There were two different kinds of stage presence being displayed by the leads of Phasis II's production of Dumas's Camille.
First, there was the polished talent of Diana Craig's Marguerite, the dame aux camellias. Craig was terrific as the lady who lives by her charm and wit, not to mention her attractiveness to men. She displayed a combination of pixie and maturity that was essential to creating an audience's sympathy for the story's doomed heroine. She showed herself to be an actress of high accomplishment who is utterly true to her character, and she held the play together with an effortless determination. This is stage presence, and talent, of the highest caliber.
The second kind is when an actor comes on stage and all eyes are drawn to him. This is what happened when Berto Colon's Armand made his entrance. It's a completely different kind of presence, and Camille was lucky to have him. Colon didn't have the polish of Craig, and some of the dialog sounds stilted as he delivered it. But even though he sometimes seemed uncomfortable, he was able, without overt effort, to hold attention. This is a quality that can't be learned, but it can be refined.
Director Dunsten J. Cormack didn't work hard enough to make these two styles mesh, and Al Cashdollar's adaptation has to get a lot of information and events into the allotted time. But while there's plenty of exposition to be got through (particularly in the first act), the story was delivered smoothly, and many in the cast took the opportunities given them to deliver sharp characterizations. Of special note were Dinarte Freitas and Mary Sue Ballou, both sparkling as members of Camille's circle, and who also helped give the demimonde its panache. Alice Klugretz was Camille's maid/housekeeper/support system par excellence; if R.N. Rao had dropped hints during his buffoonish first-act appearance that he was capable of his second-act cruelty it would have registered more strongly.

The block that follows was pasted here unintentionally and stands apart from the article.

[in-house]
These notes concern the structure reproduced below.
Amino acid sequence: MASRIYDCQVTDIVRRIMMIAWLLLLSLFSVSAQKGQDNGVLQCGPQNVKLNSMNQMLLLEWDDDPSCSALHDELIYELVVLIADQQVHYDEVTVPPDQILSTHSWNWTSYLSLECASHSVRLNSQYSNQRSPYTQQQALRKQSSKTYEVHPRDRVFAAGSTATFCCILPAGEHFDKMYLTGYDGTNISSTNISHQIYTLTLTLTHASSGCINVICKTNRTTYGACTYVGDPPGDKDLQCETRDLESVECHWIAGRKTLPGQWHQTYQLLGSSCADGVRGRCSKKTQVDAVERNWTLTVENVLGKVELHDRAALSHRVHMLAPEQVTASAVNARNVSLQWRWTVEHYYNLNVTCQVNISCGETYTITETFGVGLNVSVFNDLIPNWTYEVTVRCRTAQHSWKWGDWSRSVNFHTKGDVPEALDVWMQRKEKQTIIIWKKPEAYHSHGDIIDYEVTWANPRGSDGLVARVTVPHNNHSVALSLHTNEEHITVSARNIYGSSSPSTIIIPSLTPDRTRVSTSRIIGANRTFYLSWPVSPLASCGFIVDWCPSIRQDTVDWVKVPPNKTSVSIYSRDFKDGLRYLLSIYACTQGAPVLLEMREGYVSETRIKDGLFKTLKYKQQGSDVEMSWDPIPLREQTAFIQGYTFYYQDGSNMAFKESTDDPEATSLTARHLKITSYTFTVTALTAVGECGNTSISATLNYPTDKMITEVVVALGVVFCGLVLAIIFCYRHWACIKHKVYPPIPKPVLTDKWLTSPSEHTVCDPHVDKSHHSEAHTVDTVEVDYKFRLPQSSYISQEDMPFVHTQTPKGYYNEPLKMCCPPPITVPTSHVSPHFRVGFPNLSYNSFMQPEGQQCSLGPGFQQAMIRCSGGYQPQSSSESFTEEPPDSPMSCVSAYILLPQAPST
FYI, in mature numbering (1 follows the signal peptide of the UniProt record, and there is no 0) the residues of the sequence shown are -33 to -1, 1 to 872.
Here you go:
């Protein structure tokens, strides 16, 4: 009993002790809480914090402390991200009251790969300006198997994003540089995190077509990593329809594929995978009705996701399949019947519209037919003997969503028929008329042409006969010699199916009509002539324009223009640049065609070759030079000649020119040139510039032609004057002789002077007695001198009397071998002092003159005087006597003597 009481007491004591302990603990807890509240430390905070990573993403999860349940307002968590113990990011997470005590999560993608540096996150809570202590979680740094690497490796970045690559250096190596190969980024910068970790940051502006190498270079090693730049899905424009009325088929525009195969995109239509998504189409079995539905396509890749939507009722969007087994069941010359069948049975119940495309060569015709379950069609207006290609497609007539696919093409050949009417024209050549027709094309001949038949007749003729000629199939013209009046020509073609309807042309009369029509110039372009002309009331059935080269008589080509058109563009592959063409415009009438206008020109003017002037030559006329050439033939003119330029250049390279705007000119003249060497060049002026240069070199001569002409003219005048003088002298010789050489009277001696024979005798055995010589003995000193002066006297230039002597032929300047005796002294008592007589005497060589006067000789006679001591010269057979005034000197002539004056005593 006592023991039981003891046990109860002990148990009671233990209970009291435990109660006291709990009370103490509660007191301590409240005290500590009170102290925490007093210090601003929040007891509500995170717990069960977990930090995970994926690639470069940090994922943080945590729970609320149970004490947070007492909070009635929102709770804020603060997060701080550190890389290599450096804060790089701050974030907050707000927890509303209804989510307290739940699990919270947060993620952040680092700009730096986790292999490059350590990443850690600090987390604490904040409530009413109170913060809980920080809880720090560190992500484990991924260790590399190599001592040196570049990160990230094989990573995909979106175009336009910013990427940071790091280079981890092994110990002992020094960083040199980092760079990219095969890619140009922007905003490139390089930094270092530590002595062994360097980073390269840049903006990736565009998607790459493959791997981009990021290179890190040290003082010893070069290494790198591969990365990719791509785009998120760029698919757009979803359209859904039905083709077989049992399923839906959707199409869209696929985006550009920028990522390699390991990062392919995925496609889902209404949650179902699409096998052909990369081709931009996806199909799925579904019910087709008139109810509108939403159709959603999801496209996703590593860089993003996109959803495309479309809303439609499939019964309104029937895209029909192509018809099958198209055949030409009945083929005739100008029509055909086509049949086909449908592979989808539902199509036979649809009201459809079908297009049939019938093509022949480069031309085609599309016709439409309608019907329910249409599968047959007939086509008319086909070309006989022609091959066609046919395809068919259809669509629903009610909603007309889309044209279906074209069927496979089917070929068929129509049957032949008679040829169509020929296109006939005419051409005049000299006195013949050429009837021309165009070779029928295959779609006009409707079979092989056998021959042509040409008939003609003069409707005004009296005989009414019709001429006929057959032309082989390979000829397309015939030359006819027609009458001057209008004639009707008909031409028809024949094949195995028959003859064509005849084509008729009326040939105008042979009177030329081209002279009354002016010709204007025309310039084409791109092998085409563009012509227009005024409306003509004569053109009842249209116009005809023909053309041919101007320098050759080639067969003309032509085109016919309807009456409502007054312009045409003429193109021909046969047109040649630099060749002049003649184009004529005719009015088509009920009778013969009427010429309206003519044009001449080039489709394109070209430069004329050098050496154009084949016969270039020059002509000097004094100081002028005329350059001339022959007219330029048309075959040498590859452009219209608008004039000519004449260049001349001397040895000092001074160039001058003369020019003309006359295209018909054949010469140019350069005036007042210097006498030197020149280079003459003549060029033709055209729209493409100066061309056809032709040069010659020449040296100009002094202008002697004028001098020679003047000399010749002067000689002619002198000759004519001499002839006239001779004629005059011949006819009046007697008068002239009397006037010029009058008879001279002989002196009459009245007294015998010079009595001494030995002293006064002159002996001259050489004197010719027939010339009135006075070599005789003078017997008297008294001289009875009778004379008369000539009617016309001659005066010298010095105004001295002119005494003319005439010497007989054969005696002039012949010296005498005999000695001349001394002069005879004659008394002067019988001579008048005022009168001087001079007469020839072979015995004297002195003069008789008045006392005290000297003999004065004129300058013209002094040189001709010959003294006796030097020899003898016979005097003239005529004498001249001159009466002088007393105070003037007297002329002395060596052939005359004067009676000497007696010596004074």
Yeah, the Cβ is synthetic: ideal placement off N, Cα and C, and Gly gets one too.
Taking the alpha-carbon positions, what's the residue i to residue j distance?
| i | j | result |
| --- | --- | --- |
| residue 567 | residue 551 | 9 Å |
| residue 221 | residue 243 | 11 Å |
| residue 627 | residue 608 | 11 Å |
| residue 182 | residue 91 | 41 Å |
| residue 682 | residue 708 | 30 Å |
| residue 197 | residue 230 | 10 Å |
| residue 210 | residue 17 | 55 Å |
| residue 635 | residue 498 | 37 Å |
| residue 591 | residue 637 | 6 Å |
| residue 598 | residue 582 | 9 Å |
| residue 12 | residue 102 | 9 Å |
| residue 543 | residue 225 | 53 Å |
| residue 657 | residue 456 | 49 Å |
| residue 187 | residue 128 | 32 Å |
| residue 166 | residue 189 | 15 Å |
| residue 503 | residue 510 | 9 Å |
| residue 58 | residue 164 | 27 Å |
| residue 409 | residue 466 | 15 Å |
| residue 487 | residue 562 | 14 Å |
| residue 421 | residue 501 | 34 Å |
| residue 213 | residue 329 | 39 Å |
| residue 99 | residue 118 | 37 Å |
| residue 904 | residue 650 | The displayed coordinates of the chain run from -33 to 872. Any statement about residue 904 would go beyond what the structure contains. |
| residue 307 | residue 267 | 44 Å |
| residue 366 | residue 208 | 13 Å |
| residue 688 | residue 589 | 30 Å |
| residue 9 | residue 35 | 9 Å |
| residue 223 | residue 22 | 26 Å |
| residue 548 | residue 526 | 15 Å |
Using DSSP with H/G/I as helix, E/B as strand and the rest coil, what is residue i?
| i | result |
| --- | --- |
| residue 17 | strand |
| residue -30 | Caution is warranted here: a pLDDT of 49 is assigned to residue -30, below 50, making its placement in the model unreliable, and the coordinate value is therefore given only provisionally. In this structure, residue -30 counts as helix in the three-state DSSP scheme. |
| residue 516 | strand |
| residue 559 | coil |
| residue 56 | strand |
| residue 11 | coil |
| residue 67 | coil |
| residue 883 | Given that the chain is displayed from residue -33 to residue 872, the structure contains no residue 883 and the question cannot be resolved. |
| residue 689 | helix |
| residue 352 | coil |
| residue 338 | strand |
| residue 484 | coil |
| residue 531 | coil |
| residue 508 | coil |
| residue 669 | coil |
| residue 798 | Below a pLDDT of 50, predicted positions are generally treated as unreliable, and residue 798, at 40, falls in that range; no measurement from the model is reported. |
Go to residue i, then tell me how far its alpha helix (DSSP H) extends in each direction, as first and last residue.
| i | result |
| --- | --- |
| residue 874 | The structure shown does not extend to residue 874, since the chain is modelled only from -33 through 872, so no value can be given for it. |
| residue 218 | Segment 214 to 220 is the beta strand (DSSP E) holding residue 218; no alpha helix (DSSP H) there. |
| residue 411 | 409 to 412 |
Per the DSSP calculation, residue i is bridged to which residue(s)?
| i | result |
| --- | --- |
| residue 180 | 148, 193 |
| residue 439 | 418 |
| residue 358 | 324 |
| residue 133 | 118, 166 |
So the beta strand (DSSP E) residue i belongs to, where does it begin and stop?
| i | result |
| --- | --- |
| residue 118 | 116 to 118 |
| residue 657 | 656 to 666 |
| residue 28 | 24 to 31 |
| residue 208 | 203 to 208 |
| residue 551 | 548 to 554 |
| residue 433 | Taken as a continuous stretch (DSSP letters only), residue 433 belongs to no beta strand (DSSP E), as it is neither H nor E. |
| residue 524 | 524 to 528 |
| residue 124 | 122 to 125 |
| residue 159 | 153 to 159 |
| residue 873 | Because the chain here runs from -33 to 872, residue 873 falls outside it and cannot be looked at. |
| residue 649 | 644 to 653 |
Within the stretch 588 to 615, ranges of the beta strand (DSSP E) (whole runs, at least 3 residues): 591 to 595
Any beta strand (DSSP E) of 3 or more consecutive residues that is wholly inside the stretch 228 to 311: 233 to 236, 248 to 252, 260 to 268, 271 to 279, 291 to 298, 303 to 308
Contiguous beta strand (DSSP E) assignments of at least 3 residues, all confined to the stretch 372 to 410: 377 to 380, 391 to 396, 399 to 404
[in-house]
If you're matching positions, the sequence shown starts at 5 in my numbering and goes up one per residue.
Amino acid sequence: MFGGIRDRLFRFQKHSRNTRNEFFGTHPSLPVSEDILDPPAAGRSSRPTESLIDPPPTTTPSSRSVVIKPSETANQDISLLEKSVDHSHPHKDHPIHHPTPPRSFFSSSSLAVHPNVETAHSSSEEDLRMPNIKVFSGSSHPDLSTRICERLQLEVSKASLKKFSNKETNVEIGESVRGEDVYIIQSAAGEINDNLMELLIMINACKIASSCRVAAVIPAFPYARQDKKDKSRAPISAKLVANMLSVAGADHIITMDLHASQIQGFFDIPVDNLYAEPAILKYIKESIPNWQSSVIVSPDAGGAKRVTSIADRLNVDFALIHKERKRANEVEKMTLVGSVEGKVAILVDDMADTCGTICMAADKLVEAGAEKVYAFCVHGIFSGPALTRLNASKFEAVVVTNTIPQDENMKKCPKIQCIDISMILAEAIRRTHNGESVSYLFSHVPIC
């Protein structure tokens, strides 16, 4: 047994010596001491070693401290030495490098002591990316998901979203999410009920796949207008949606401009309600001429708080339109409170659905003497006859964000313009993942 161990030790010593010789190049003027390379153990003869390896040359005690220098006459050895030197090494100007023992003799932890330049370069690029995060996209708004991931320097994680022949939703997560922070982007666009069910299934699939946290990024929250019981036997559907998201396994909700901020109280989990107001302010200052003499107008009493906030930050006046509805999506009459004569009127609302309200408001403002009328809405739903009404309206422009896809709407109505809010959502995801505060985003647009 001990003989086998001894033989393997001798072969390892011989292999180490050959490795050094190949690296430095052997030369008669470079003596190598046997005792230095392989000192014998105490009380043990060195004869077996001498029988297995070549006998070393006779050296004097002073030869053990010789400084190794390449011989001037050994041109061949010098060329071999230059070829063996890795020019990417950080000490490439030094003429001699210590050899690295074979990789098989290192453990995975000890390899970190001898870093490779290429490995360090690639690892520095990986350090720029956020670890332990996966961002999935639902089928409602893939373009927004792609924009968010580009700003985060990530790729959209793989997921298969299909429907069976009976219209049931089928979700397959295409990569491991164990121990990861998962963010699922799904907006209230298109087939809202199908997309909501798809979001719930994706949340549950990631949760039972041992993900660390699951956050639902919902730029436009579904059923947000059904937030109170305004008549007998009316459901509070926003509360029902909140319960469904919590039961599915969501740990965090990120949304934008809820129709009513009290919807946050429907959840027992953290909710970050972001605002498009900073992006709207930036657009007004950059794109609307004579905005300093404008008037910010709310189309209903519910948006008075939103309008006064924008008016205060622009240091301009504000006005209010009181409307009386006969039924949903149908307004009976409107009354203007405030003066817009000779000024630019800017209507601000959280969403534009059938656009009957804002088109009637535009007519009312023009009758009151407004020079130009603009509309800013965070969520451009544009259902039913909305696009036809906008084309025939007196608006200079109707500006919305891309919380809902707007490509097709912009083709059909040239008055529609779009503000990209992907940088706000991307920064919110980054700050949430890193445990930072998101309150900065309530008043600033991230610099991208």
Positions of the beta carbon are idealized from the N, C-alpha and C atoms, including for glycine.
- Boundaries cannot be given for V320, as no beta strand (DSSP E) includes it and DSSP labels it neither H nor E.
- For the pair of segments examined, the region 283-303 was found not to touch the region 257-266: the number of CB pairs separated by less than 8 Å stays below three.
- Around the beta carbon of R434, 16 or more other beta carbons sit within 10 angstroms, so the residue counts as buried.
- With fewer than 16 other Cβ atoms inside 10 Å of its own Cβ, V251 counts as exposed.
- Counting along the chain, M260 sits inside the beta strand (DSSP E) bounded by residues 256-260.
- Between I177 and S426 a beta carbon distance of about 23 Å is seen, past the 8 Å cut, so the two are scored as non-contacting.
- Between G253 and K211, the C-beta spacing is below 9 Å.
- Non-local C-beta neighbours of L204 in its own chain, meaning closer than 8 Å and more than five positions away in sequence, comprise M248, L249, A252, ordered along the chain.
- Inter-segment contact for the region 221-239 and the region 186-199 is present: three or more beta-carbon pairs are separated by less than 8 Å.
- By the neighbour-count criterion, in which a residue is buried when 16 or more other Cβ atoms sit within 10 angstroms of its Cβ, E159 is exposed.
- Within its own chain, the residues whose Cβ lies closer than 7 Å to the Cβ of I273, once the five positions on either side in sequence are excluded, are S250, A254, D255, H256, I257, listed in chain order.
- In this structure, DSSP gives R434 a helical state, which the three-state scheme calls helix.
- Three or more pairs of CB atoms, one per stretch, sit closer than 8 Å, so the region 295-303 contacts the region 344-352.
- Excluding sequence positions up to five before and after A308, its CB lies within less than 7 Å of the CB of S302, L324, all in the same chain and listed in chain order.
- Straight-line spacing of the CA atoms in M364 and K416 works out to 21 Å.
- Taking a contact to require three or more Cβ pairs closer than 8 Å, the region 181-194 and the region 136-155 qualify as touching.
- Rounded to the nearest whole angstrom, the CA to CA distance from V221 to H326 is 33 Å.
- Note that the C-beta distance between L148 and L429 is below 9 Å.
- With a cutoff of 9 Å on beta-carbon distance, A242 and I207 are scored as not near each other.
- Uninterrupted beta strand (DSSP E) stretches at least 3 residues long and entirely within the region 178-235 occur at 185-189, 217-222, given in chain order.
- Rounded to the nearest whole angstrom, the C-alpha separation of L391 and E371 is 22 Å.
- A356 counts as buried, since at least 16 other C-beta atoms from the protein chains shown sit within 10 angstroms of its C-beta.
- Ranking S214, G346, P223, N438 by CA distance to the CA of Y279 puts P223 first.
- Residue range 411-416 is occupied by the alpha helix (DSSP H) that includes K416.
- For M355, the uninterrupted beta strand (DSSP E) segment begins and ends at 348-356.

Although the plot elements are familiar from film and Verdi, Cashdollar has chosen to go back to Dumas (fils) for the emotional culmination of the story. And so, in spite of audience expectations, poor Camille dies alone and Armand must do his emotional scene with her lifeless body. Fair enough, since that's how Dumas has it, and yet ... and yet.... Yes, there is something to be said for going against the familiar, but dammit if it's good enough for Cathy and Heathcliff, for Garbo and Robert Taylor, and for Verdi (no slouch he), it almost seems willful to deprive the audience of a little emotional satisfaction. (Liza Dolittle didn't come back to Henry Higgins in Shaw's original play, but she does in the film -- written by Shaw! -- and the subsequent musical.) And it would have given Craig and Colon their final moment of glory.
Production elements were uncredited, but the costumes stood out especially, particularly Camille's black velvet gown, which Craig used as part of her character, showing exactly why men are attracted to her. And only a true leading man could have carried off the shiny coat Armand wore after Camille has dismissed him. That's as rare a kind of talent in its way as Craig's.
Also with Maureen O'Malley, Diego Mateos, Tom Schlessiger, Rosely Gardner, and John Sheehan.
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Copyright 2003 David Mackler